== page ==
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COLINS' COMPLAINT.

NICHOLAS ROWE.

Born 1673— Died 1718.

Despairing beside a clear stream,

A shepherd forsaken was laid ;
And while a false nymph was his theme,

A willow supported his head.
The wind that blew over the plain,

To his sighs with a sigh did reply;
And the brook, in return to his pain,

Ran mournfully murmuring by.

Alas! silly swain that I was ;

Thus sadly complaining he cry'd; When first I beheld that fair face,

'Twere better by far I had died : She talk'd, and I bless'd her dear tongue;

When she smild, 'twas a pleasure too great ; I listen’d, and cry'd when she sung,

Was nightingale ever so sweet !

How foolish was I to believe,

She could dote on so lowly a clown, Or that her fond heart would not grieve,

To forsake the fine folk of the town; To think that a beauty so gay,

So kind and so constant would prove; Or go clad like our maidens in grey,

Or live in a cottage on love?

What though I have skill to complain,

Tho' the muses my temples have crown'd, What tho, when they hear my soft strain,

The virgins sit weeping around ? Ah, Colin! thy hopes are in vain,

Thy pipe and thy laurel resign, Thy false one inclines to a swain,

Whose music is sweeter than thine.

All you, my companions so dear,

Who sorrow to see me betray'd, Whatever I suffer, forbear,

Forbear to accuse the false maid. Tho' thro' the wide world I shou'd range,

"Tis in vain from my fortune to fly; 'Twas hers to be false and to change,

'Tis mine to be constant and die.

If while my hard fate I sustain,

In her breast any pity is found, Let her come with the nymphs of the plain,

And see me laid low in the ground : The last humble boon that I crave,

Is to shade me with cypress and yew ; And when she looks down on my grave,

Let her own that her shepherd was true. Then to her new love let her go,

And deck her in golden array; Be finest at every fine show,

And frolic it all the long day : While Colin, forgotten and gone,

No more shall be talk'd of or seen, Unless when beneath the pale moon,

His ghost shall glide over the green.

(Rowc alludes in this ballast to the Counters Dowager of Warwick, who left him for another swain whose music was sweeter than his own, namely Addison. Dr. Johnson says that the Countess married the poetical Secretary of State on terms“ much like those on which a Turkish Princess is espoused, to whom the Sultan is reported to pronounce, 'Daughter, I give thee this man for thy slave.'” A marriage so unequal made no addition to Addison's happiness.)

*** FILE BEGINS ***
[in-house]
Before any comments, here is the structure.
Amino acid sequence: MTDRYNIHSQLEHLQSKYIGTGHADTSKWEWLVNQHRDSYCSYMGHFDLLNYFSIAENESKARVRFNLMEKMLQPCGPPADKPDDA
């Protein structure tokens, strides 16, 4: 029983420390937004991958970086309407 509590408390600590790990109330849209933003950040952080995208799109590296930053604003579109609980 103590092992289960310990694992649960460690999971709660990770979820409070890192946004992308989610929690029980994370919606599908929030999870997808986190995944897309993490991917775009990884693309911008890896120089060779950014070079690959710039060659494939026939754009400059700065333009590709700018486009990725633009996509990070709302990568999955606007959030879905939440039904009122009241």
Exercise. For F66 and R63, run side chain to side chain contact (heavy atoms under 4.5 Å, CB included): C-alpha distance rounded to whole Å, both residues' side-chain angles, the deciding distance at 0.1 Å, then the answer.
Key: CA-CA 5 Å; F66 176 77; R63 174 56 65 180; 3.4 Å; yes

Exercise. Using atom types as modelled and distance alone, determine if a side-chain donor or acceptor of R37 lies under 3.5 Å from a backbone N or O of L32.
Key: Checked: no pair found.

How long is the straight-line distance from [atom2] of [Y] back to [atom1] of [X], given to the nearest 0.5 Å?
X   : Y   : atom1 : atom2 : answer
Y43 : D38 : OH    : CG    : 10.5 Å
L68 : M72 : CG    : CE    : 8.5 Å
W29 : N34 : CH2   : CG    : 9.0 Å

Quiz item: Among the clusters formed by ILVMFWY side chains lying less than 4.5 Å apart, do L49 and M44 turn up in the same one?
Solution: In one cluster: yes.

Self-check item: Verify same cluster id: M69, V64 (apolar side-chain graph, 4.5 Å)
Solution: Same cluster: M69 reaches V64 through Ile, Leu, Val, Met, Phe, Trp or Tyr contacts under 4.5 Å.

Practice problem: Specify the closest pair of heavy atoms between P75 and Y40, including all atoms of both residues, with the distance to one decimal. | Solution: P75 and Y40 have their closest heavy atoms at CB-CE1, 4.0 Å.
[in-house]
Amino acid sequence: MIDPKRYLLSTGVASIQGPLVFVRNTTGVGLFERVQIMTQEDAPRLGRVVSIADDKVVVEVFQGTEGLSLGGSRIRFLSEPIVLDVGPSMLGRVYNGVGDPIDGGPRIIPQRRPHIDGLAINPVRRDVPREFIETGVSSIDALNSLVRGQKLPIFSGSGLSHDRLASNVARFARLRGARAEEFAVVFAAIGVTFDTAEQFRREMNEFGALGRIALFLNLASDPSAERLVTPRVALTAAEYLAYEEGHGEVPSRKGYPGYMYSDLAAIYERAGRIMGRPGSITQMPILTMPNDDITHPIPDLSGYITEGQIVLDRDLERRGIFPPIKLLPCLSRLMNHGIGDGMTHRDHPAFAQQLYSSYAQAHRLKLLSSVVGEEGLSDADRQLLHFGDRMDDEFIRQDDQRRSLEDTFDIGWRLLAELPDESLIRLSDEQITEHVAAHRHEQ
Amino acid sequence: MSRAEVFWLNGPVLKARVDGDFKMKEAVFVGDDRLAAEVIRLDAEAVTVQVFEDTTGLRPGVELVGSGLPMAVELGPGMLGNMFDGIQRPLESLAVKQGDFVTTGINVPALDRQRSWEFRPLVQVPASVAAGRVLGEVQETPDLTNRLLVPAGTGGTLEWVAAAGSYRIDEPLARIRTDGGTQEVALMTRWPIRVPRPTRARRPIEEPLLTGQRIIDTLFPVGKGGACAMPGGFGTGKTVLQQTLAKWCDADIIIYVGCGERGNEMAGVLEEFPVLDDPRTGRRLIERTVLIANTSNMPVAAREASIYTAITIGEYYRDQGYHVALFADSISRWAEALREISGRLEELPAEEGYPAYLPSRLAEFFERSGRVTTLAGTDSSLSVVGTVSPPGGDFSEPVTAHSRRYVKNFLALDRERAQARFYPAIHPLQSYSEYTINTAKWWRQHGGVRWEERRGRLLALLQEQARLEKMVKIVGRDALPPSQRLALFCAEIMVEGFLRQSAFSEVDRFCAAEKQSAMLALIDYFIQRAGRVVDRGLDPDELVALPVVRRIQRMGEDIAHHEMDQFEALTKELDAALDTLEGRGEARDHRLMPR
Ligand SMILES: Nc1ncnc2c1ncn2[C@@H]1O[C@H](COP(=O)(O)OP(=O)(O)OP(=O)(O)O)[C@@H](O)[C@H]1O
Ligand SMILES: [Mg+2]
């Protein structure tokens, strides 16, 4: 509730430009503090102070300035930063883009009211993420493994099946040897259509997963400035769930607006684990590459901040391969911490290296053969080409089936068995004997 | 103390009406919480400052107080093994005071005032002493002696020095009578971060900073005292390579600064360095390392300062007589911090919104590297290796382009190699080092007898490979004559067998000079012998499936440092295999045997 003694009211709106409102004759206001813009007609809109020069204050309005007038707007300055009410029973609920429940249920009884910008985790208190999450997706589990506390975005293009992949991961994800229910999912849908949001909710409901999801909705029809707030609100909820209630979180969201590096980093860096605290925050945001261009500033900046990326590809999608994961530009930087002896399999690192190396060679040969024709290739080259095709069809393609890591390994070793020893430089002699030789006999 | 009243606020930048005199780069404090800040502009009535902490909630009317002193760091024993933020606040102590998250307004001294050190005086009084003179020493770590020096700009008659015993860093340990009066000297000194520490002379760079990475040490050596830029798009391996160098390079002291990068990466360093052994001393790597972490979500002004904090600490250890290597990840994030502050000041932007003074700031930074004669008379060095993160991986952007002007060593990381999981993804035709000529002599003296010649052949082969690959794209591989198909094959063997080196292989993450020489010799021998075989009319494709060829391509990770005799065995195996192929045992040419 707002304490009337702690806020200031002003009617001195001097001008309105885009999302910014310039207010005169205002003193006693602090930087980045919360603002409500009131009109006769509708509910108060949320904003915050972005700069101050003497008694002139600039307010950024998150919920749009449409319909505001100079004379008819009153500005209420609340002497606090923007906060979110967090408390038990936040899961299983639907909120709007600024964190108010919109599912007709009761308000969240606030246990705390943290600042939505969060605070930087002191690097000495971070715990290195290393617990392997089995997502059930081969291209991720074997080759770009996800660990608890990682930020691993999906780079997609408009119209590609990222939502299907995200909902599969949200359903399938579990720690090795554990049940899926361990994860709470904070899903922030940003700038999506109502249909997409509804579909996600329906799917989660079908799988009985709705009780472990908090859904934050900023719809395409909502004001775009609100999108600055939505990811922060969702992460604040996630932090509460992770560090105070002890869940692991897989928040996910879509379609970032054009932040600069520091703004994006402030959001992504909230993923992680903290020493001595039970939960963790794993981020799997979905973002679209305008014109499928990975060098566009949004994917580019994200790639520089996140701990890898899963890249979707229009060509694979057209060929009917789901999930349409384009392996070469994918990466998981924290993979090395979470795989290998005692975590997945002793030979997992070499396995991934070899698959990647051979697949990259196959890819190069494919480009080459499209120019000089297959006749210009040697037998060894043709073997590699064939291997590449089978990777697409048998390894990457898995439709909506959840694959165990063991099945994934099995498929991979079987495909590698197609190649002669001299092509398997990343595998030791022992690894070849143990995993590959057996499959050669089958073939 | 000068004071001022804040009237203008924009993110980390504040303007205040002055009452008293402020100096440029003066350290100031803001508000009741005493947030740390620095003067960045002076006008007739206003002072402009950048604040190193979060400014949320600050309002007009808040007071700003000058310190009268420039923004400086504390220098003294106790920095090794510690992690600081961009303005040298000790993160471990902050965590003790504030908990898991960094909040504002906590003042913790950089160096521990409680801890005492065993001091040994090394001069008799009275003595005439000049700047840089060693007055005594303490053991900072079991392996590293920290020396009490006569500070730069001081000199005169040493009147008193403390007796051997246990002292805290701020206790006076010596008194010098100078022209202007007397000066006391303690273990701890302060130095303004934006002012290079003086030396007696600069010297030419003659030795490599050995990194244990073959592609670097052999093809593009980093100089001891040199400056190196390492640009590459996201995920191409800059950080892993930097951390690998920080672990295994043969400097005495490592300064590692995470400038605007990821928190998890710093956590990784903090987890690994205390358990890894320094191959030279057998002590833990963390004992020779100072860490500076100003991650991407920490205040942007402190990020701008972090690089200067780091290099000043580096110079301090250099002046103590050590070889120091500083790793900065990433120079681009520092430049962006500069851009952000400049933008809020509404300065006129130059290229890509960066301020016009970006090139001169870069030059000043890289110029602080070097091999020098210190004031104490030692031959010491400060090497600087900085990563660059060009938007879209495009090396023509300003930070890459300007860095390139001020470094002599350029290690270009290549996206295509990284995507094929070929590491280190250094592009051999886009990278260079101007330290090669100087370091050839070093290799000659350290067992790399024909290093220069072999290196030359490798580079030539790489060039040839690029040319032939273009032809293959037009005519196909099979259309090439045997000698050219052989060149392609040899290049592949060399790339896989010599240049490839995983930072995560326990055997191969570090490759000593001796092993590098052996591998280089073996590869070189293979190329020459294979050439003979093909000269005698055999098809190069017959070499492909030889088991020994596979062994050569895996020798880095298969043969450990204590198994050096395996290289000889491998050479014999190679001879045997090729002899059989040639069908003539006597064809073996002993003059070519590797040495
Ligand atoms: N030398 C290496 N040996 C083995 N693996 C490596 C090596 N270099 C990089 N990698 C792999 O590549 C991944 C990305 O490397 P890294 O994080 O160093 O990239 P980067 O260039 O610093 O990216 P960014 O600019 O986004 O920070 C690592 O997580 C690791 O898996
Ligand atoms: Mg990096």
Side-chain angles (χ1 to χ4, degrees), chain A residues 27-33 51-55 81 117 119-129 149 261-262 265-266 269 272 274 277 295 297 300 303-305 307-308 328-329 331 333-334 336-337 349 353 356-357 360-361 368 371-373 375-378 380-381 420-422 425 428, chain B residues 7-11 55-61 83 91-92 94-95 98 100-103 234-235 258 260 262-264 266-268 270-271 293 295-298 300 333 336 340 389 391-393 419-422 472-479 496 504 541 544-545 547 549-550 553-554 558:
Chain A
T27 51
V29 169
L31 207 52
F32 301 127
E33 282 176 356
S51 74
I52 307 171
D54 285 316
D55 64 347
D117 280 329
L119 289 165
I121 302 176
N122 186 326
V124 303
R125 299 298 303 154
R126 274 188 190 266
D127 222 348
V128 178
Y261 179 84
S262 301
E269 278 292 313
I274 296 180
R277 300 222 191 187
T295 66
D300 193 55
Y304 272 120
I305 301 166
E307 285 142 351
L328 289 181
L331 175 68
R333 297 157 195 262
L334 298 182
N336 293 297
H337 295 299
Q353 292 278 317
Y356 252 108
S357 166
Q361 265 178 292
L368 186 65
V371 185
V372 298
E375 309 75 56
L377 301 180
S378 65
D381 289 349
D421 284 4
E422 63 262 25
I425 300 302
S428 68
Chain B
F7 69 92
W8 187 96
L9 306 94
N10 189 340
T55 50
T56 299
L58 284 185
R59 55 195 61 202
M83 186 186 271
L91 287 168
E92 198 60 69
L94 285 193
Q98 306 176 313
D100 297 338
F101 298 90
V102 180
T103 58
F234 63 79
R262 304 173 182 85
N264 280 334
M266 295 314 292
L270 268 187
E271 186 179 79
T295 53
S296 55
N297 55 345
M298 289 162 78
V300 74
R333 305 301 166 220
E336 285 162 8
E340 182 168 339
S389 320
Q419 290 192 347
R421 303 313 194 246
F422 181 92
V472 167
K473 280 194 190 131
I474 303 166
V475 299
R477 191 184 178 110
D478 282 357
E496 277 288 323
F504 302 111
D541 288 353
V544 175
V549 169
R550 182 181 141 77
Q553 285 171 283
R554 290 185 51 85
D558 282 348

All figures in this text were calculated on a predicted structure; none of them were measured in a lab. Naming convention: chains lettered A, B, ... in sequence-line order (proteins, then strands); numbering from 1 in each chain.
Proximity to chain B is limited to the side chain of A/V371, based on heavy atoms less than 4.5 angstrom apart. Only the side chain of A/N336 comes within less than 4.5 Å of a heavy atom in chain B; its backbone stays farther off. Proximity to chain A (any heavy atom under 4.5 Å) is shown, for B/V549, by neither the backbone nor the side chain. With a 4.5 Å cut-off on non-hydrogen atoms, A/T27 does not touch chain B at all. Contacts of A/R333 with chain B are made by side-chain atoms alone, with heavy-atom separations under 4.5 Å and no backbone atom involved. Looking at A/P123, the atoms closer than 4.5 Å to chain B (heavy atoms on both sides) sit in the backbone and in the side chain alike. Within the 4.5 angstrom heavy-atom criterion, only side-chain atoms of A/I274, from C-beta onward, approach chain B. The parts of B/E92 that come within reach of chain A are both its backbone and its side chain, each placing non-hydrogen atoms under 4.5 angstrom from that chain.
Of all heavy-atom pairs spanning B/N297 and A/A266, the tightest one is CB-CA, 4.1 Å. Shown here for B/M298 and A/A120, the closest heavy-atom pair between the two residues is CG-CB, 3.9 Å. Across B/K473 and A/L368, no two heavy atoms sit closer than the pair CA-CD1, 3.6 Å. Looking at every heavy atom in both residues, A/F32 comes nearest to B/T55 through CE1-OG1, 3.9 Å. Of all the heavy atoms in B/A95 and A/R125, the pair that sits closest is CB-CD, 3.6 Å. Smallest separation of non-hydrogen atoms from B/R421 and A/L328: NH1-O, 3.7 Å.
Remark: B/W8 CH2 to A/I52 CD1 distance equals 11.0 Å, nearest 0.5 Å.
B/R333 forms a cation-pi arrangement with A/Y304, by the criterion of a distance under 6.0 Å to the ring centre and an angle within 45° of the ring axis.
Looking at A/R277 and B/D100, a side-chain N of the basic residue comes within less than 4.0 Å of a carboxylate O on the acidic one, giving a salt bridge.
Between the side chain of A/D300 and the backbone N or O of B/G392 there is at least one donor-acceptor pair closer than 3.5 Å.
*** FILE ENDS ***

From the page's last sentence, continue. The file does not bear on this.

MY DAYS HAVE BEEN SO WONDROUS FREE.

DR. PARNELL.

Born 1679-Died 1717.

My days have been so wondrous free,

The little birds that fly
With careless ease from tree to tree,

Were but as bless'd as I.

Ask gliding waters, if a tear

Of mine increas’d their stream?
Or ask the flying gales, if e’er

I lent one sigh to them?

But now my former days retire,

And I'm by beauty caught,
The tender chains of sweet desire

Are fix'd upon my thought.
Ye nightingales, ye twisting pines !

Ye swains that haunt the grove !
Ye gentle echoes, breezy winds !

Ye close retreats of love !

With all of nature, all of art,

Assist the dear design ;
O teach a young, unpractis'd heart

To make my Nancy mine!
The very thought of change I hate,

As much as of despair ;
Nor ever covet to be great,

Unless it be for her.

'Tis true, the passion in my mind

Is mix'd with soft distress;
Yet while the fair I love is kind,

I cannot wish it less.

WHEN THY BEAUTY APPEARS.

DR. PARNELL.

When thy beauty appears,

In its graces and airs,
All bright as an angel new dropt from the sky;

At distance I gaze, and am awd by my fears,
So strangely you dazzle my eye!

But when without art,

Your kind thoughts you impart,
When your love runs in blushes through every vein ;
When it darts from your eyes, when it pants in

your heart,
Then I know you're a woman again.

There's a passion and pride

In our sex, she replied,
And thus (might I gratify both) I would do ;

Still an angel appear to each lover beside,
But still be a woman to you.

THE LASS OF RICHMOND HILL.

On Richmond Hill there lives a lass

More bright than May-day morn,
Whose charms all other maids surpass,

A rose without a thorn.
This lass so neat, with smiles so sweet,

Has won my right good-will ;
I'd crowns resign to call her mine,

Sweet lass of Richmond Hill.

Ye zephyrs gay, that fan the air,

And wanton thro' the grove,
Oh! whisper to my charming fair,

I die for her I love.
How happy will the shepherd be

Who calls this nymph his own!
Oh! may her choice be fix'd on me,

Mine's fix'd on her alone.

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